Marquez vos calendriers : Richard Binhammer, directeur des communications d’entreprise de Dell, sera à Third Tuesday Ottawa et Toronto les 3 et 4 décembre 2007.
Dell is a prime case study of a company that took its lumps through social media. In the summer of 2006, the company was hit by two social media crises : Jeff Jarvis’ Dell Hell meme over his unhappiness with the company’s support service followed by exploding batteries on YouTube
Dell also is a prime example of a company that adopted social media as part of the response to its problems. The company launched Direct to Dell, a blog where real employees talk about Dell’s products and services and answer questions and issues raised by people in comments or in posts on their own blogs. It has buttressed that with a program of blogger relations, reaching out to bloggers to get to know them and become part of their community. It also has launched Dell IdeaStorm, a site that allows consumers to make suggestions to Dell and then enables the community to vote for or against these suggestions.
source : Joe Thornley, Pro PR
Si tout va dans le sens souhaité, dès le mois de janvier vous n’aurez plus à vous déplacer en territoire ontarien pour profiter de Third Tuesday. On se croise les doigts.
Today, I’m loving Facebook. I used it to touch base with the step-sister of the childhood friend I’d been wondering about for years. We had dinner together in Ottawa last night and it was a blast.
J’espère te revoir bientôt, Bri.
Thanks Mark Zuckerberg.
Thank goodness for people like Mark Blevis and Bob Goyetche. For podcasting ‘newbies’ like me, Sunday’s Podcamp Ottawa was a godsend.
I missed Charles Hodgson’s session on WordPress, but got a ton of great info from the roundtable discussion that followed. I also really appreciated Bob’s Audacity demonstration and picked up a couple of tips that will certainly make my life easier.
A couple of interesting things came out of the discussions, including the possibility that a podcasting wiki be developed, which would include a step-by-step basic guide to podcasting. I would LOVE to have my hand held through the basic process just once, then go off to tweak and explore new techniques afterwards. As a non-instruction-reading-non-techie, I find it can be daunting to try to figure software out by myself and having a clear and basis step-by-step process to follow to the letter would definitely help bring my confidence levels up.
As a bonus to the day, I met a lot of really interesting people and have a few potential podcasts on my radar. Can’t wait to see them come to life.
So thanks, Mark, Bob and Charles (and our host, the NAC), for a great… encouraging… event. Cheers!
Vers la mi-mars 2008, les Jeunes relationnistes de la SQPRP présenteront le 3e colloque annuel Parle, parle, Jase, jase. Le thème cette année? Les relations de presse.
Nous sommes en pourparler; il se peut que j’offre une conférence sur les médias sociaux. Si oui, je parlerai certainement d’un certain Lyle J. Dennis, qui a lancé son blogue, GM-Volt.com, il y a à peine quelques mois. Ce nouveau citoyen-journaliste se voit déjà invité aux conférences de presse de GM au même titre qu’un journaliste des médias traditionnelles.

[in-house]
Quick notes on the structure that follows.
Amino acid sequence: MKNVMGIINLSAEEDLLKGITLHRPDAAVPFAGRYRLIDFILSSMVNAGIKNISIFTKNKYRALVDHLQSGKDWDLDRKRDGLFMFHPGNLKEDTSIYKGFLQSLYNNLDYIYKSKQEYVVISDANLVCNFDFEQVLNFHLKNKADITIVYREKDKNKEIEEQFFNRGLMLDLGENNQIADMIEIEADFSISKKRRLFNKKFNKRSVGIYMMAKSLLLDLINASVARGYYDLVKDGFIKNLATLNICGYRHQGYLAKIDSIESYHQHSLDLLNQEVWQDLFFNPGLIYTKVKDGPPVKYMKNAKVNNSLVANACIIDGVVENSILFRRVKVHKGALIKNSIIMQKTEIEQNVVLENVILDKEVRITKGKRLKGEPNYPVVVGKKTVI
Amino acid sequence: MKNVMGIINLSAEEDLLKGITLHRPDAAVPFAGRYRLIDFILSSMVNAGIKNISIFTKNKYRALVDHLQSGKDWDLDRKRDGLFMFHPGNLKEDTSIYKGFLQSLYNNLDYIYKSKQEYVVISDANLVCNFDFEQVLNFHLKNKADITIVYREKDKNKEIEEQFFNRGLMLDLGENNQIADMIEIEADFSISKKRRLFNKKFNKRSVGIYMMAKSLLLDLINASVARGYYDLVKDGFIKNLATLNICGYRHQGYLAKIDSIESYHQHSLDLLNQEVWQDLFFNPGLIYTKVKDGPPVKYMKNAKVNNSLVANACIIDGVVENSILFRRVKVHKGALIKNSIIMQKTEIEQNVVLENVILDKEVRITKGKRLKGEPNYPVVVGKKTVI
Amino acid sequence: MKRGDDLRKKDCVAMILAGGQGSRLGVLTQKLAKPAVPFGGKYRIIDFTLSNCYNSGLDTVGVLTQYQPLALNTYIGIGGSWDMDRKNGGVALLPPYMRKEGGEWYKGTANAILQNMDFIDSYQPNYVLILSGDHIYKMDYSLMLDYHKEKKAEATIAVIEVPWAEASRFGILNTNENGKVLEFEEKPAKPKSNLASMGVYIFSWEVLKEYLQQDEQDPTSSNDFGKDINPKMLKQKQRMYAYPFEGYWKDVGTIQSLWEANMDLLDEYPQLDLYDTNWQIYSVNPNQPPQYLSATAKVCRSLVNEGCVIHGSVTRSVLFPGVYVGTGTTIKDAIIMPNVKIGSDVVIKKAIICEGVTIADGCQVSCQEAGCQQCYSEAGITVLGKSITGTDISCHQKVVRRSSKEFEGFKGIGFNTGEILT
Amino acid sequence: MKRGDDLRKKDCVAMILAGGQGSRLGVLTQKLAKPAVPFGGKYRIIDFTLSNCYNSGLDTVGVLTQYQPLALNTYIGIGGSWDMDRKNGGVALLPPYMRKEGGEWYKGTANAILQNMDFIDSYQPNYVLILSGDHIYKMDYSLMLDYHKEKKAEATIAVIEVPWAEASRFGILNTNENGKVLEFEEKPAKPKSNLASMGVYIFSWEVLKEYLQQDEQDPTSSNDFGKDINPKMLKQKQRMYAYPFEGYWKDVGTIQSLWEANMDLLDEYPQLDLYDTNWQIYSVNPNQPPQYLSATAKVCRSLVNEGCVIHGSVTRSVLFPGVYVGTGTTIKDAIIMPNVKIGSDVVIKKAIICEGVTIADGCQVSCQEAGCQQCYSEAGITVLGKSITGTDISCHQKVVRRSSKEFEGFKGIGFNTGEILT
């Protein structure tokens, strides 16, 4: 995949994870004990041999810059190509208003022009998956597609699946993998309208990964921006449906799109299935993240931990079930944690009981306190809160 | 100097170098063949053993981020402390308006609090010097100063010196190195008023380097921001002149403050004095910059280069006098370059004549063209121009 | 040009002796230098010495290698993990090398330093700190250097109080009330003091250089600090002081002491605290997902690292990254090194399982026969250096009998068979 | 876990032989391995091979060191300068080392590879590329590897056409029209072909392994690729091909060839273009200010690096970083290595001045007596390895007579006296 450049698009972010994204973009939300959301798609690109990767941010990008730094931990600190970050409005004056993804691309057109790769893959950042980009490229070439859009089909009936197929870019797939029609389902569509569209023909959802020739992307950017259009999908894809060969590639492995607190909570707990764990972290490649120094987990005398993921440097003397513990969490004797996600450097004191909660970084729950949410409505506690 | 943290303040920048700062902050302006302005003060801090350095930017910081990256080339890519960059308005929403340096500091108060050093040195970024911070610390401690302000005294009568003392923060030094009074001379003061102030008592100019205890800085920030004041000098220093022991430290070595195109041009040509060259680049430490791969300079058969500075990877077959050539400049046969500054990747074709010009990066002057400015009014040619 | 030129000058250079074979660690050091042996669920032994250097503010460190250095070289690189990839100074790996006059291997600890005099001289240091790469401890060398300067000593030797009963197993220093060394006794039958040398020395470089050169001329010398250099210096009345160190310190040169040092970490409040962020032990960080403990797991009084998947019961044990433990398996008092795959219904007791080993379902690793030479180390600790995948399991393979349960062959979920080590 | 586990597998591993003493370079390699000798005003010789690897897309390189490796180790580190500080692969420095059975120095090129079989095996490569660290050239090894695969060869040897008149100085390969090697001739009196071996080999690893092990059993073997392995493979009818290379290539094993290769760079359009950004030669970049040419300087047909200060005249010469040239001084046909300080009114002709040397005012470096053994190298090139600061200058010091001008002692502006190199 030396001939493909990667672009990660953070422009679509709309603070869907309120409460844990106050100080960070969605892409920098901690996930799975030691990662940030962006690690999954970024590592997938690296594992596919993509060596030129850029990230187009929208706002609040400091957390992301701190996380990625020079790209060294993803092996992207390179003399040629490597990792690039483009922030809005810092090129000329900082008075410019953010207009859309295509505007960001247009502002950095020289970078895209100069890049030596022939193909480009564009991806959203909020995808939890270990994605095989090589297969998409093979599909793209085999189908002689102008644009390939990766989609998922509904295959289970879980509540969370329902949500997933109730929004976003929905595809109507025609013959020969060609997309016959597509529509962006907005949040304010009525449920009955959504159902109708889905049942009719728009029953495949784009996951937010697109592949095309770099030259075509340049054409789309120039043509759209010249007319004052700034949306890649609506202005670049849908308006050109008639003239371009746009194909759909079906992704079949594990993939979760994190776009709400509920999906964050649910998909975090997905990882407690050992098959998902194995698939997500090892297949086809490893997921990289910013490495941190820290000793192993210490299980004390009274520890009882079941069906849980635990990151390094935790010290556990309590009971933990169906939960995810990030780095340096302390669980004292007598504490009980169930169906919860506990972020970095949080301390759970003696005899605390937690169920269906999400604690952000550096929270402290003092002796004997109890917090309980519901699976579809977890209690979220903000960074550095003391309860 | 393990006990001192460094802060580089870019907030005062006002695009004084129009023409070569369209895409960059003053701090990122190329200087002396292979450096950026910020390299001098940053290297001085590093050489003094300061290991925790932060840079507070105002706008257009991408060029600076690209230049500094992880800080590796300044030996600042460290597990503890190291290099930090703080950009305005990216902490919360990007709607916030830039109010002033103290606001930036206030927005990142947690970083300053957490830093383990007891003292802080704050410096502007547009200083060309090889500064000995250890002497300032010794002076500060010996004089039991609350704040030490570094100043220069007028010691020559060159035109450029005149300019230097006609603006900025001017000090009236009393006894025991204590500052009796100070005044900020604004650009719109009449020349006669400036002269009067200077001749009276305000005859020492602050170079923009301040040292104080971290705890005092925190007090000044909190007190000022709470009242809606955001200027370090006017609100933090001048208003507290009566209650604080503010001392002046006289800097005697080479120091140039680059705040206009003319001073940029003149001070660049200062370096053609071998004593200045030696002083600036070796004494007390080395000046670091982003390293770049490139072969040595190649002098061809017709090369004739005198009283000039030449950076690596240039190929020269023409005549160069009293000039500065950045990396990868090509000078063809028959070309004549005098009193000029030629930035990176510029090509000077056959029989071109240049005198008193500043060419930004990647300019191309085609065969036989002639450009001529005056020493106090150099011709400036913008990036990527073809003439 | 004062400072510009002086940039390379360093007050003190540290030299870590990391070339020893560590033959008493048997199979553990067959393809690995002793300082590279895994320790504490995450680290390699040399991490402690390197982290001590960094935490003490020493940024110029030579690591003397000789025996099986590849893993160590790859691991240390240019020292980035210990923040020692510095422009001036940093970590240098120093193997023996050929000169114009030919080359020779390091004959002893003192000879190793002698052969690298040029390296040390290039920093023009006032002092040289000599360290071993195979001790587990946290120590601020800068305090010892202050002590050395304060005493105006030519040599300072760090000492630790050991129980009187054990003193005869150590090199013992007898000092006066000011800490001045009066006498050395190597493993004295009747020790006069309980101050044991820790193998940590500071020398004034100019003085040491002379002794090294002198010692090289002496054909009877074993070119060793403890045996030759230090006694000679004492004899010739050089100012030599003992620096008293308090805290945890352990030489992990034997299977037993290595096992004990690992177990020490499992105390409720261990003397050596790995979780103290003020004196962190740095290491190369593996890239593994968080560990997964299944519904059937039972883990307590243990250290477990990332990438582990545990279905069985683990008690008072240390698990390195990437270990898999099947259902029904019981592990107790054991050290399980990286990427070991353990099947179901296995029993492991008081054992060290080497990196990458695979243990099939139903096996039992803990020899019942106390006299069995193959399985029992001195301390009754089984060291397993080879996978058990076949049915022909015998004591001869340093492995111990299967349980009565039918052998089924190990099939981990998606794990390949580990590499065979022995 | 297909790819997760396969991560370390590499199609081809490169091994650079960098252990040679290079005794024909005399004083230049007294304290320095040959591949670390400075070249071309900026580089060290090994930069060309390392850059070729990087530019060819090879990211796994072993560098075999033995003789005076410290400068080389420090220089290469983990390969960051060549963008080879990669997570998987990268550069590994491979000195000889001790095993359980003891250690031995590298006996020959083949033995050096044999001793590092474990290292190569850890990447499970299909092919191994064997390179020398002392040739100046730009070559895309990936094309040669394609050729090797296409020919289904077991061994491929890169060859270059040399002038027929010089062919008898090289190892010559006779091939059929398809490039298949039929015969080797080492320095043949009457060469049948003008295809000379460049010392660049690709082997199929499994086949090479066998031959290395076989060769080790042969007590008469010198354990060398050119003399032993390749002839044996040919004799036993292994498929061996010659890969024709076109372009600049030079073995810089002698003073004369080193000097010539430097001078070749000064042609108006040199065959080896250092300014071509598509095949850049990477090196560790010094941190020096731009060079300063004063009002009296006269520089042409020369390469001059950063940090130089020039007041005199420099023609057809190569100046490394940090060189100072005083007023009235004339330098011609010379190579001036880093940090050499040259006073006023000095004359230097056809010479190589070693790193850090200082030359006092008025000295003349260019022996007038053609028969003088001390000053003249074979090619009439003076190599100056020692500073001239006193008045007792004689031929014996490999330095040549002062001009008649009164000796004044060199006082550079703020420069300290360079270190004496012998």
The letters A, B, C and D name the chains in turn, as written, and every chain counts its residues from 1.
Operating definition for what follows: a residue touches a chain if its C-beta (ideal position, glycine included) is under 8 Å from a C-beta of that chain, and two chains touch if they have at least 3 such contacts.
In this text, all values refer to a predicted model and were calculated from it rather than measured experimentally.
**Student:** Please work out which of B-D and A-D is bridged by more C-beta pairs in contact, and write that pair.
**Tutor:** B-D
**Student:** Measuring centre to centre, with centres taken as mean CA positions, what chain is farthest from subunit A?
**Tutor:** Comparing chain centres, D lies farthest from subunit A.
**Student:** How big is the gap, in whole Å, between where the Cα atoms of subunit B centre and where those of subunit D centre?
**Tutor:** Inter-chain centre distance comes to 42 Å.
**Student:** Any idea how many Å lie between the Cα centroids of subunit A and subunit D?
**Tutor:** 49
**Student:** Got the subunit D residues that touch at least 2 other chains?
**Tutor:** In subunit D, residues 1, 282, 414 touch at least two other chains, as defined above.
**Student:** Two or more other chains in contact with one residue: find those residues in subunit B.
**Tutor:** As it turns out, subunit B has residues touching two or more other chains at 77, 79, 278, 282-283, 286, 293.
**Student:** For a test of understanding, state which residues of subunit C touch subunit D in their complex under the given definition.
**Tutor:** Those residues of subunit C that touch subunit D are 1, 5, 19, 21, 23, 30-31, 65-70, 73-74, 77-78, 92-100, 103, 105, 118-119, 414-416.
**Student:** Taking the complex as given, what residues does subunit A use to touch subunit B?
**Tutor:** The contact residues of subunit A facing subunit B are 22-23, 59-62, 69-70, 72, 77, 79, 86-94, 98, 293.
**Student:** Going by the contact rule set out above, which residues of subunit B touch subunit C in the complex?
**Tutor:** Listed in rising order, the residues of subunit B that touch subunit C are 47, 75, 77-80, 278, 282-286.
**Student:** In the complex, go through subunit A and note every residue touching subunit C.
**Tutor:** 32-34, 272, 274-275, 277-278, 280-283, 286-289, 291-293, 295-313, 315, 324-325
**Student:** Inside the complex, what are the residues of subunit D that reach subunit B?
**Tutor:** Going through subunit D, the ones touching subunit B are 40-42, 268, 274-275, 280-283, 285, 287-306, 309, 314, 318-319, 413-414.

Lors d’une entrevue accordée à Chuck Squatriglia de Wired Magazine, Dennis dit qqchose de très révelateur :
Q : Did you expect to have that much impact? To get the world’s largest automaker to not only read your stuff but to call you and invite you to meet with them is an impressive feat.
R : I think the most important thing this shows is we are in a new world. We’re seeing the democratization of the media. It’s come to the point where anybody who’s got half a brain and has a passion about something can make a difference through the Internet. To me, this illustrates that. Like you said – I’ve now got the attention of the world’s largest automaker, and who the hell am I? I’m just a guy in his room writing on his computer. I’m nobody.*
Quant au journaliste, il serait apôtre du Long Tail :
GM-Volt.com has just a few thousand regular members, but they’d all walk into a Chevrolet showroom tomorrow and buy a Volt.*
GM-Volt.com, selon Technorati : Authority : 98
Rank : 68,166
Pas fou, ce Bob Lutz. En passant, le Chef de la direction de GM tient lui aussi un carnet…
*source : Wired, 16 novembre 2007
Like hundreds (dare we say thousands?) of PR consultants, I too waded into the debate on PR practices launched by Chris Anderson of Long-Tail fame.
Anderson follows up this week through an interview with Brian Pittman of Bulldog Reporter’s Daily Dog that’s worth a read.
On being nice :
People who said there was a more generous and nice way to respond, like writing them individually, well … they’re right. That would have been nicer, but also impossible for me to do. More important : It wouldn’t have changed the game. It wouldn’t have focused people on this issue. So, I guess I have to say, « Guilty as charged. » The goal wasn’t to be nice.
Is it my imagination or is Chris talking directly to me? Actually, I wasn’t the only one to suggest that a kinder approach could have been nice, in a good karma kind of way. Albeit time consuming, I give him that. Maybe a template response is the answer. In his case, he could simply reply with a link to his blog posting.
Then again, maybe Anderson is right and a drastic wakeup call is a more effective solution to get us out of our lethargy.
Judging by the attention his post has received I suspect that, unfortunately, he’s onto something.
At the very least, comms profs will be able to hold this article up high in the air to drive home their argument on the value of good research and solid media relations. PR virgins are already nervous about picking up the phone to call their first journalist. If this blog post doesn’t have them quaking in their boots, I don’t know what will.
Hopefully the same conversation is going on in the boardrooms and around the water coolers of PR agencies everywhere.